I am working with a local photographer – Cheryl Gorski to produce a visual storytelling project. The Visual Storytelling series is called “Cut It Out” and is about Domestic Violence. Visual Storytelling is a phase that has been making its’ rounds a lot more in the recent years. In simple terms visual storytelling is a technique that uses photos, photo manipulation, videos, illustrations, presentations, paintings, and other visual means, to convey a message. The message can evoke almost any emotional response in a viewer, from humor, shock, informing, inspiring, etc.
About one quarter of the human brain is involved in visual processing more than any other sense.
The human species makes sense of the world around them by using all their 5 senses, will some people say by using all their 6 senses. However, scientist have found that about one quarter of the human brain is involved in visual processing, more then any other sense. Visual processing has been the way humans have made sense of the world since the stone age. Visual storytelling has its’ history in the prehistoric cave paintings and the impact from them still effect us today during the internet era.
TrinityHawk Photography & Multimedia uses this knowledge and the knowledge found by the 3M Corporation earlier this year that our brains process images 60,000 times faster than it does text, and MIT scientist discovered that we are capable of processing entire images in just 13 milliseconds  to the process of creating their artwork. Viewers look at a piece of work for a split second and decide what reaction it causes within them, if it is a good reaction, one of awe, even if it is shocking. This reaction will draw the viewer back to view the work again, more often then not. That is the name of the game, if an art lover or collector is drawn back to a piece they are more apt to buy, because they are more apt to want that piece in their collection or on their own wall.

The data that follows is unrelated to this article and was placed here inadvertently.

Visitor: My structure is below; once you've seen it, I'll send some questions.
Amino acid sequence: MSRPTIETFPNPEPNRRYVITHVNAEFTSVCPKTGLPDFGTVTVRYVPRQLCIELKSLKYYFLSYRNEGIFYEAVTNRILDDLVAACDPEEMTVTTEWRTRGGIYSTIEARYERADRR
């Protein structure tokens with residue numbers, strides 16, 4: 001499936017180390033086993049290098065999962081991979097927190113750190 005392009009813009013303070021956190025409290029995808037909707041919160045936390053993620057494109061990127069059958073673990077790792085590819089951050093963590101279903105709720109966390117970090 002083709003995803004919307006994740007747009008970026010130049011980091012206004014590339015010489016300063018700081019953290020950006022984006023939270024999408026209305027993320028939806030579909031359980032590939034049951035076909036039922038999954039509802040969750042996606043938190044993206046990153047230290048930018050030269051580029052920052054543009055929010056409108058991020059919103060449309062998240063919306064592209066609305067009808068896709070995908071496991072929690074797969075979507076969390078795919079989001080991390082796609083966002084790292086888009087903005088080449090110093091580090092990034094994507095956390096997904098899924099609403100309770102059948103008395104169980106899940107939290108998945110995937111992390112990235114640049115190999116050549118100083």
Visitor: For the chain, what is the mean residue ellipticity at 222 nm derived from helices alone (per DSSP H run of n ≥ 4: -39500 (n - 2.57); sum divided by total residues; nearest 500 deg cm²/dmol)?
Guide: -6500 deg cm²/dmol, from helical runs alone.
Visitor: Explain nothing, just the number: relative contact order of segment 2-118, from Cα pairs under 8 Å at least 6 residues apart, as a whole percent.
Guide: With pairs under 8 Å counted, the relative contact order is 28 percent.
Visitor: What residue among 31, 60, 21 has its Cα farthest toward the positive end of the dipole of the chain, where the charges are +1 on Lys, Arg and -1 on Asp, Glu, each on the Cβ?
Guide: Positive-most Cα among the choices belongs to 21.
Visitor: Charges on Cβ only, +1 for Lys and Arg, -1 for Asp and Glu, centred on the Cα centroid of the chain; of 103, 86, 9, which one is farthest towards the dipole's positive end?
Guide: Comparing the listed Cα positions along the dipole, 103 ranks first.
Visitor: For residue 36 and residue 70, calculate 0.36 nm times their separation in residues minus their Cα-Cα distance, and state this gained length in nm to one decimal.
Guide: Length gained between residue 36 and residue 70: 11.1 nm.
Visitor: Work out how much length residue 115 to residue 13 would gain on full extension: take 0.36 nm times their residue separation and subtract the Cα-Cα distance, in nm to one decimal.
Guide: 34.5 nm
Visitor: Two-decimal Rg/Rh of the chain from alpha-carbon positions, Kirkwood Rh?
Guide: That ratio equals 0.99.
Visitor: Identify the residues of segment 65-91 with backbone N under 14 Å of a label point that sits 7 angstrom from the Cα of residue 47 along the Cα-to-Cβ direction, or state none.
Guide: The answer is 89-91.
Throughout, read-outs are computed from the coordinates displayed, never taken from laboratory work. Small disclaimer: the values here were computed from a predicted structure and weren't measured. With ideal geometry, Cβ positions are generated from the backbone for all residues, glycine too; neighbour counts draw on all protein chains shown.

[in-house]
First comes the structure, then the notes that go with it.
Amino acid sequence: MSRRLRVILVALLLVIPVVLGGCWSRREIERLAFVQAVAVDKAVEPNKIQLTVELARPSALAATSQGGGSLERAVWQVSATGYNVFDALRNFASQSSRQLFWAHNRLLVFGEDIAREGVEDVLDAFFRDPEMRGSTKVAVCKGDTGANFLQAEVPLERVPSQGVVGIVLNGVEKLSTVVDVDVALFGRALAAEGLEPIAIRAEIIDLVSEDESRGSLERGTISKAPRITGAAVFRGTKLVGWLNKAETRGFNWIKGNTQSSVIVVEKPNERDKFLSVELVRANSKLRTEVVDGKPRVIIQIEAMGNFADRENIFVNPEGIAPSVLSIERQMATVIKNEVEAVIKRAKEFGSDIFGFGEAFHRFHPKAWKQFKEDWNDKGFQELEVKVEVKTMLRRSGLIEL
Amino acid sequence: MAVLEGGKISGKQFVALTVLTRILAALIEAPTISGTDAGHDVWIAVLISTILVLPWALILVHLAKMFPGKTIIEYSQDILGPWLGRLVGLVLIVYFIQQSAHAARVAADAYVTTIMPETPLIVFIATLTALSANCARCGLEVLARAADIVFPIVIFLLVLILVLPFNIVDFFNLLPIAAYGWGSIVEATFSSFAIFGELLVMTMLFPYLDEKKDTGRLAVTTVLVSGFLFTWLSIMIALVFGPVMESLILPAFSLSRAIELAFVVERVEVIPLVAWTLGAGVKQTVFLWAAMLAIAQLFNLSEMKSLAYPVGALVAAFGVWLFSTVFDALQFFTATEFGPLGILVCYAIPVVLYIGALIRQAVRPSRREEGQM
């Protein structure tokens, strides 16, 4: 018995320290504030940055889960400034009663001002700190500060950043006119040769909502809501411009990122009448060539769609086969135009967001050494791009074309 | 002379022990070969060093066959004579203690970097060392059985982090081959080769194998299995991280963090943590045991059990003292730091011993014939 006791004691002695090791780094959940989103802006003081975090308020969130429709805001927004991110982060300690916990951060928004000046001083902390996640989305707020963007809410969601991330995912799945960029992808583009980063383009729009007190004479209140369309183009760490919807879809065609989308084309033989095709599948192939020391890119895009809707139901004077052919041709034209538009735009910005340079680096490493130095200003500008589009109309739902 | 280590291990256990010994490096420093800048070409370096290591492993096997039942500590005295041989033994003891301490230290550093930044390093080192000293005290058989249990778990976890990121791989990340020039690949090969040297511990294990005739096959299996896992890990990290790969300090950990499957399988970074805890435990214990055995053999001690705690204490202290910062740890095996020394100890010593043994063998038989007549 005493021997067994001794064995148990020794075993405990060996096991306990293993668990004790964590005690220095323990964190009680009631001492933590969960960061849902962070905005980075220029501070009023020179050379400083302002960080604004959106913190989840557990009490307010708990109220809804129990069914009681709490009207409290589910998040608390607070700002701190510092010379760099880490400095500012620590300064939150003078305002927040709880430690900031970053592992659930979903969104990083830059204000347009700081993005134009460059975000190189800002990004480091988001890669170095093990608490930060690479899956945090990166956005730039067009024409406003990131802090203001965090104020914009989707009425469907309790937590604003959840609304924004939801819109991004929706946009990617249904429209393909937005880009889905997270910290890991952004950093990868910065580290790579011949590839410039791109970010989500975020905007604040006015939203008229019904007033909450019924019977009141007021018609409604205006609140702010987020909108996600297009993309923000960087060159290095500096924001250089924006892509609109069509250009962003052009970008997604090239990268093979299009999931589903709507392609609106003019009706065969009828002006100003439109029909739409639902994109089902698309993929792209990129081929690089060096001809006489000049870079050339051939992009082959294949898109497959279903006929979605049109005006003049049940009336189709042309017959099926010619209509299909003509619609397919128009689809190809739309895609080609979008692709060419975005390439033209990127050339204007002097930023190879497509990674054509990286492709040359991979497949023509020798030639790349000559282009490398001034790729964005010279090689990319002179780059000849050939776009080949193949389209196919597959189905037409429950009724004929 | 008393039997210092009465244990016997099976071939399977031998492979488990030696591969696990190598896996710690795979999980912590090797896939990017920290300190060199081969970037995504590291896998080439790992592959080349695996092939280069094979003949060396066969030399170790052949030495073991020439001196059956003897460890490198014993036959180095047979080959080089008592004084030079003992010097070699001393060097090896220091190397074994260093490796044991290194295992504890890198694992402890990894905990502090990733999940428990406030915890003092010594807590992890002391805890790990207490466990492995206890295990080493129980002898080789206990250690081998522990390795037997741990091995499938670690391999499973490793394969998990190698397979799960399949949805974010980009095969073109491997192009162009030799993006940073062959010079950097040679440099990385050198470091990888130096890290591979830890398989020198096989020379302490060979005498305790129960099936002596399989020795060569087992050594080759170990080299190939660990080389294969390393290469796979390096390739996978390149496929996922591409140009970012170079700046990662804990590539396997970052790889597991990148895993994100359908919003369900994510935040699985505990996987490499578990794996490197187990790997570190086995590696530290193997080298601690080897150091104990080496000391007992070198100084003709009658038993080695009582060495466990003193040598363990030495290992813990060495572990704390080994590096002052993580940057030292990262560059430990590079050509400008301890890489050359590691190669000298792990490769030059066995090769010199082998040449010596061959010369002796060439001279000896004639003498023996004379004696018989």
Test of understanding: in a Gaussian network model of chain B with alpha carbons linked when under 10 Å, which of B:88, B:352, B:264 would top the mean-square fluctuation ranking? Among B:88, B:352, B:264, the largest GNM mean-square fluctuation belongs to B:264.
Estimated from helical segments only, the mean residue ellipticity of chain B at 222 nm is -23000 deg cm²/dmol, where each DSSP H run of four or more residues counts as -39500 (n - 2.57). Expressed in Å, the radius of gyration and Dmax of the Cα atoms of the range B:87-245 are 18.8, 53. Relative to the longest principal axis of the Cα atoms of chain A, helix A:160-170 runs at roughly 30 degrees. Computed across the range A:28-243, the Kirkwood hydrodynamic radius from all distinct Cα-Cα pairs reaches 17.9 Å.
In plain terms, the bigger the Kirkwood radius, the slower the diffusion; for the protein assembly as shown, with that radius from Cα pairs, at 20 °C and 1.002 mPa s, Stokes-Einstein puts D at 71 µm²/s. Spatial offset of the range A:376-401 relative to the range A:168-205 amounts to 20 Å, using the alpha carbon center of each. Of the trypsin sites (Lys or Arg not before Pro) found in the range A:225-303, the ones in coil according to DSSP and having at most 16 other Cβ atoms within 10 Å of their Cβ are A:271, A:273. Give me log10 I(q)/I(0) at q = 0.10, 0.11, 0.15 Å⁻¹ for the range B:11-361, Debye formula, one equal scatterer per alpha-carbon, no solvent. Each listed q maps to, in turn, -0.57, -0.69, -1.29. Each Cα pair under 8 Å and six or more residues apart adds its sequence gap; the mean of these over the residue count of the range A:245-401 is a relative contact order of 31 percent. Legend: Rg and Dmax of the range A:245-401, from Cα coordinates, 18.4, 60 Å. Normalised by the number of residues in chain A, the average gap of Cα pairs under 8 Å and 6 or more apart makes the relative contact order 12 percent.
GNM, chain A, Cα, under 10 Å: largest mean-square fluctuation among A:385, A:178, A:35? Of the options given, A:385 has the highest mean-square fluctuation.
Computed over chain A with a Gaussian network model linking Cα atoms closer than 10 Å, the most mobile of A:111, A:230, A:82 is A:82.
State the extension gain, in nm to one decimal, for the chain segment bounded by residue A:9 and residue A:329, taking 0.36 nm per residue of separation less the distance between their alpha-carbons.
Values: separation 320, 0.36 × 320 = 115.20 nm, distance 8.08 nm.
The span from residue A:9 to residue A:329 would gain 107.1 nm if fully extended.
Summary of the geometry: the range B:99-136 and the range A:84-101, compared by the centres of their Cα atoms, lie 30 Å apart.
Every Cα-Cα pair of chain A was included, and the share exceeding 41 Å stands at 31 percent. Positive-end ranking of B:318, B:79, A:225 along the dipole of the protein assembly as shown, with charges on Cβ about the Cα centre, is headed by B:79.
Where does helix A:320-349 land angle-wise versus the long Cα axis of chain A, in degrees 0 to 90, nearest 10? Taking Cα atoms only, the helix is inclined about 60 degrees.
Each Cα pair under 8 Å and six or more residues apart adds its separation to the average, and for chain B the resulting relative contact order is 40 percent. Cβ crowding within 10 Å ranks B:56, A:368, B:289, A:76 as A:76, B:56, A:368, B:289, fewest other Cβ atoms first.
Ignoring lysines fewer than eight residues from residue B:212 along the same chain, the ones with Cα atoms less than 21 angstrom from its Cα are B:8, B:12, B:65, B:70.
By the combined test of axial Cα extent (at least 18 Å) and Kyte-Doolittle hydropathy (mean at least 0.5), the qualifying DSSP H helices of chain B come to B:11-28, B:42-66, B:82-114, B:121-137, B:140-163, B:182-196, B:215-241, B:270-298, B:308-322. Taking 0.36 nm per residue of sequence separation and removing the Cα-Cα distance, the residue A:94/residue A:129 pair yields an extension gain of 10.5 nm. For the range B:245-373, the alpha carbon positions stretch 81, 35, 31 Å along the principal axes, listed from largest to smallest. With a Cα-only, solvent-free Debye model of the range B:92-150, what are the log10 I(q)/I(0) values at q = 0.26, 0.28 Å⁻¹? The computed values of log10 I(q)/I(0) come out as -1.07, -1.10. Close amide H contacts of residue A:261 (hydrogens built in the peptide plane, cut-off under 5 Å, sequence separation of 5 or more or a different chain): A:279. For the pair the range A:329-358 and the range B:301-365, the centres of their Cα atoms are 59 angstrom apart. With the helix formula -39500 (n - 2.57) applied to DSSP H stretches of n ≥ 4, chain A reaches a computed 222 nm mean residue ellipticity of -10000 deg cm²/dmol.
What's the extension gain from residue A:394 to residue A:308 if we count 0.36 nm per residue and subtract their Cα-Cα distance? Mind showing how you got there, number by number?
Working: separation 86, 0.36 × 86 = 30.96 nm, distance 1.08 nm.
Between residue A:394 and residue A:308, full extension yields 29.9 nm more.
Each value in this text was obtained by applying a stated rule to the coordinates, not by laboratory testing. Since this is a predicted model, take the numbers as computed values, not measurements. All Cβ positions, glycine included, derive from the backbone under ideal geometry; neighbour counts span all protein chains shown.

The photos posted in this projects are a collaboration between both her photography, my photography manipulation and my computer art to create fine art ready for printing and show casing at art shows. We are hoping to also put it all together in a photo book combined with statics on Domestic Violence.
Please, enjoy this sneak peek and leave comments on your thoughts of the art and project itself.
 Tim Elmore |Growing Leaders | page6
 January 16, 2014 | Anne Trafton | Medical Press | “Neuroscientist Find the Brain Can Identify Images Seen For As Little As 13 Milliseconds”